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Hull Imperial Game Cartridges

Hull Imperial Game Cartridges

It is often the things you use or pick up without thinking that give the best performance and that you can rely on. That’s true with many guns and especially true with cartridges. There is one particular brand and type of 12-gauge cartridge that stands out for me, as it always performs in the shotguns on test with total reliability and just throws good patterns, irrespective of what barrel length or choke is used. As the name suggests, Hull’s Imperial Game is targeted at the game market and uses a traditional 65mm case length. This makes them suitable for English imperially chambered game guns. They provide potent performance down range while remaining comfortable to shoot all day.

The cartridges are available in shot sizes from No.4 to No.7 and all use a fibre wad housed in a red plastic case. Prices range from £404.00 per 1000 from Just Cartridges.

Spec

The Imperial Game form part of Hull’s ‘Drop Dead Gauges’ range and strict quality control checks are done, including primer sensitivity and plastic elasticity checks, to ensure that the Imperial’s red cases are dead true and therefore load and eject reliably. It’s amazing how many other cases are not straight.

They have a high 12mm brass head and show quality six-star crimping. There is also clear lettering on the outside to indicate the load within. The single-based powder used in these cartridges is specifically blended to combine maximum performance with minimum pressure to achieve low recoil. They also offer storage stability over a range of temperature and humidity levels.

As expected, these game cartridges feature fibre wads. The design ensures that the energy and force from the powder are transferred through the wad and into the shot column uniformly. The chosen material is used for its uniform density and thickness, and it is subjected to a waterproof and anti-tear treatment. 70 years of fibre wad production by Hull Cartridge shows that even with the modern trend for overbored barrels, their wads make an effective gas seal. Not only are they ecologically sound but the powder type used burns smoothly, reducing felt recoil in the shoulder.

Imperial Game contain lead shot from an industry leader and they are made from recycled sources. They are very consistent in diameter and this results in pellets that fly truer for longer, retain more energy and are less likely to clump together, producing dense and well-distributed patterns down range from a wide selection of chokes.

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Hull Cartridge is also proud of its quality control, which is second to none. Throughout production, they regularly measure ignition time, peak pressure, barrel time, muzzle velocity, range velocity and the pressure curve. Plus, of course, the all-important pattern. Velocities for this load are a consistent 1450 fps, so getting a lick on for a 65mm case.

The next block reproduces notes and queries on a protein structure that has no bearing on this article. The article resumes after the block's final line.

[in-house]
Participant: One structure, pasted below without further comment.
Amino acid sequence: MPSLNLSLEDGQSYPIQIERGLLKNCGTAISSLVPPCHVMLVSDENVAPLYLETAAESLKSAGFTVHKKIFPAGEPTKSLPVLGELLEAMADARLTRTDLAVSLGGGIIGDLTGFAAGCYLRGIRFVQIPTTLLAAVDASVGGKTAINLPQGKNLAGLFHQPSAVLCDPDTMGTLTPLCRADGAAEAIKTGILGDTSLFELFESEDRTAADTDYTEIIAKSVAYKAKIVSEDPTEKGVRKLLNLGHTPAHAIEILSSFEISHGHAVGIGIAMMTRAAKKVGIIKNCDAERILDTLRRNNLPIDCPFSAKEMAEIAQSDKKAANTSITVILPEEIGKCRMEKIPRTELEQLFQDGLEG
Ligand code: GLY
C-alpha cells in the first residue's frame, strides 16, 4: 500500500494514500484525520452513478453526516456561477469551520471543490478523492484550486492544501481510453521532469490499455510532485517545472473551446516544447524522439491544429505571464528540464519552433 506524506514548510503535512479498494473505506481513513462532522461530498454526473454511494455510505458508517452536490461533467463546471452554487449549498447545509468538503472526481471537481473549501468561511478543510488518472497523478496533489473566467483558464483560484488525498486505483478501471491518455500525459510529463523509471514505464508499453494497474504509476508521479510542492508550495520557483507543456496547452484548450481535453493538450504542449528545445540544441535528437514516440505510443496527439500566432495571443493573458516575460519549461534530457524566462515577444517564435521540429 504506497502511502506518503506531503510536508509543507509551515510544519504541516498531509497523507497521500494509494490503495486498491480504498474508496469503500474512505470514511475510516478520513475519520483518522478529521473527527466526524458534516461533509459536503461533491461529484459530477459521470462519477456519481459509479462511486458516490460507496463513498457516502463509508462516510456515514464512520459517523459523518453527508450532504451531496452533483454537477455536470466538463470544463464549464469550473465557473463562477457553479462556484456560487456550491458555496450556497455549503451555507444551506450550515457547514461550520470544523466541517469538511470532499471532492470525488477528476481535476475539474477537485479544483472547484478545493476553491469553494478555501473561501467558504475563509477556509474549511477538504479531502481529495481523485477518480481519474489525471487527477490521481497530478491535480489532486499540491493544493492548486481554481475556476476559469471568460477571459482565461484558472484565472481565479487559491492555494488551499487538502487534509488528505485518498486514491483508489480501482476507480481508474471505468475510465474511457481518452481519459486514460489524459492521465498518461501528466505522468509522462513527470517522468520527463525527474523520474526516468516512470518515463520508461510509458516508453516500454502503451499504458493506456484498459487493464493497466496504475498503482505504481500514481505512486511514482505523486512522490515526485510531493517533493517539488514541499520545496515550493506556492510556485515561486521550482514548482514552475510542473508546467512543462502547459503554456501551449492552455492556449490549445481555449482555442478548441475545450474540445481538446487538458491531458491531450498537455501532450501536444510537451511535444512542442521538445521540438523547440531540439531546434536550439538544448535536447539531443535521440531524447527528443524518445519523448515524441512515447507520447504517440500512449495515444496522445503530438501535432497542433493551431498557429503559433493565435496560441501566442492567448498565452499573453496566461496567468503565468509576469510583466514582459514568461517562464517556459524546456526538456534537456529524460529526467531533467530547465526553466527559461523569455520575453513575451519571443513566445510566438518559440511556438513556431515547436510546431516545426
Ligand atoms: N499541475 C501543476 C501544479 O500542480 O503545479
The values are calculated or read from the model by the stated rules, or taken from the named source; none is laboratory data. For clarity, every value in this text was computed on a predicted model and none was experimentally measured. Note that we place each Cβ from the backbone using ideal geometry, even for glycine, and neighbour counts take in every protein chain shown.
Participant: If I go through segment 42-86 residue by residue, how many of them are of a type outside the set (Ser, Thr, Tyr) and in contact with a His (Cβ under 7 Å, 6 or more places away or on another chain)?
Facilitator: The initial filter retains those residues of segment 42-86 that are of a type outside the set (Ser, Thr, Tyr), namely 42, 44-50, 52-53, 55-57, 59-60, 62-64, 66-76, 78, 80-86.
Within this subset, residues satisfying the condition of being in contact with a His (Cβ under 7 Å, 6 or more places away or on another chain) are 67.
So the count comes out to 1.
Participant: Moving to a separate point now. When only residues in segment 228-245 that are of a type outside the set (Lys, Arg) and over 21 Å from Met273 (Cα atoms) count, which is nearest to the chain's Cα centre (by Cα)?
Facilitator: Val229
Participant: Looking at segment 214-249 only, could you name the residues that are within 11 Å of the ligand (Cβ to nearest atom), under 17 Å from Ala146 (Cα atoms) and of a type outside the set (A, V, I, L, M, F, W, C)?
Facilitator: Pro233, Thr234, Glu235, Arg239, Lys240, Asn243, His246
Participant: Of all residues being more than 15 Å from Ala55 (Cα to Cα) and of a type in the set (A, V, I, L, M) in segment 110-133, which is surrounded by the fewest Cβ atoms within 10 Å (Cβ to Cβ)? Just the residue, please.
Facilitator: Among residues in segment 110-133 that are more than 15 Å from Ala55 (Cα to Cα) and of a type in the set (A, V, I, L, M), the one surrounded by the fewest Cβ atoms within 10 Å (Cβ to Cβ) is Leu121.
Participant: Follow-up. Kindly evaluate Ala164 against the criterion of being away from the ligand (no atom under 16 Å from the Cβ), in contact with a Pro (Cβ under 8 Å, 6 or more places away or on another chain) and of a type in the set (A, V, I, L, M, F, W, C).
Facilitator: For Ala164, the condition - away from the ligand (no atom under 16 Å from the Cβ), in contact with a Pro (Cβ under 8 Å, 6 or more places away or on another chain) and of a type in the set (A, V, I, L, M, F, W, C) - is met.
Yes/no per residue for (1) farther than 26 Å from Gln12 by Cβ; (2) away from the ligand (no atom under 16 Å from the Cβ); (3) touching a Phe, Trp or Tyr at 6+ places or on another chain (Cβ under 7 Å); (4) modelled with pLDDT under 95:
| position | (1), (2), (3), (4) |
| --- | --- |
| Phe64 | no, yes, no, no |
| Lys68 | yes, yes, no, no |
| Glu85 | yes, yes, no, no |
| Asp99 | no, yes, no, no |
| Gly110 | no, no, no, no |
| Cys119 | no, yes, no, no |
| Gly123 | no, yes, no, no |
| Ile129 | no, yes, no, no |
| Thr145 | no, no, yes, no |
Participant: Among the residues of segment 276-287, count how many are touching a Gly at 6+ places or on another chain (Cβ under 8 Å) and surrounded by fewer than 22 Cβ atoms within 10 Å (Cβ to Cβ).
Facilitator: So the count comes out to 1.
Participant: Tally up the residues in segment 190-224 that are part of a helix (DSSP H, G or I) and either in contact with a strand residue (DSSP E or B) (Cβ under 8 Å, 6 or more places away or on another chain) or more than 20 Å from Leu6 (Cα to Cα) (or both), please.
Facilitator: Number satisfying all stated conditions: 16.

Hull guarantees batch-to-batch, shot-to-shot consistency, so if they work in your gun this season, a new slab will perform the same next season. That’s probably why I like them so much.

Available with pellet sizes from No.4 to No.7, the average pellet counts are as follows: 28-gram No.4s (3.1mm) 157 pellets total, 28-gram No.5s (2.8mm) 219 pellets total and 30-gram No.5s 234 pellets total. The 26, 28 and 30-gram No.6s (2.6mm) show pellet counts of 257, 277 and 297, respectively. Finally, the 28-gram No.7 (2.4mm) load has a pellet count of 322.

Field tests

For the test, I used a Beretta Ultraleggero fitted with a ½ choke and the pattern boards were set up at 30 yards to tell the true story with regard to the patterns and performance. Out of the selection of loadings on offer, I chose a typical game load, so a payload of 28-grams of No.6 shot. It packs a lot of punch for the size but not at the shoulder and the Beretta’s felt recoil was like a normal 12-gauge, despite its lighter weight. We had a total of 236 pellets on the board, with 108 inner hits and 128 outer strikes within 30”. Overall, a very even and usable cartridge.

Switching to the lighter 26-gram loading, we had a total of 207 pellet strikes. They were distributed with 86 inner hits and 121 outer strikes. Moving up a notch, the stiffer recoiling 30-gram load contains 20 more pellets than the 28-gram loading, but actually shot a nearly identical total shot count of 237 pellets, distributed with 105 inner and 132 outer hits. Could it be that this load is slightly blowing as it is squeezed through the ½ choke, causing the pellets to bunch and then spread more rapidly?

Primarily, I have used these loads through the Browning Black Shadow on ½ choke and when using the 28-gram No.4 loading, it still provides light recoil while maintaining hard-hitting performance. We had a total of 123 pellet strikes, with 42 hits to the inner 15” and the remaining 81 around the circumference. So, nice coverage and they are suitable for larger game.

Conclusion

Trustworthy, reliable and dependable performance are all true of the Imperial Game cartridge. These attributes are often taken for granted, making these cartridges the unsung heroes. However, don’t take my word for it, buy a box of 25 cartridges and a pattern board or two and see for yourself.

  • Hull Imperial Game Cartridges - image {image:count}

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  • Hull Imperial Game Cartridges - image {image:count}

    click on image to enlarge

  • Hull Imperial Game Cartridges - image {image:count}

    click on image to enlarge

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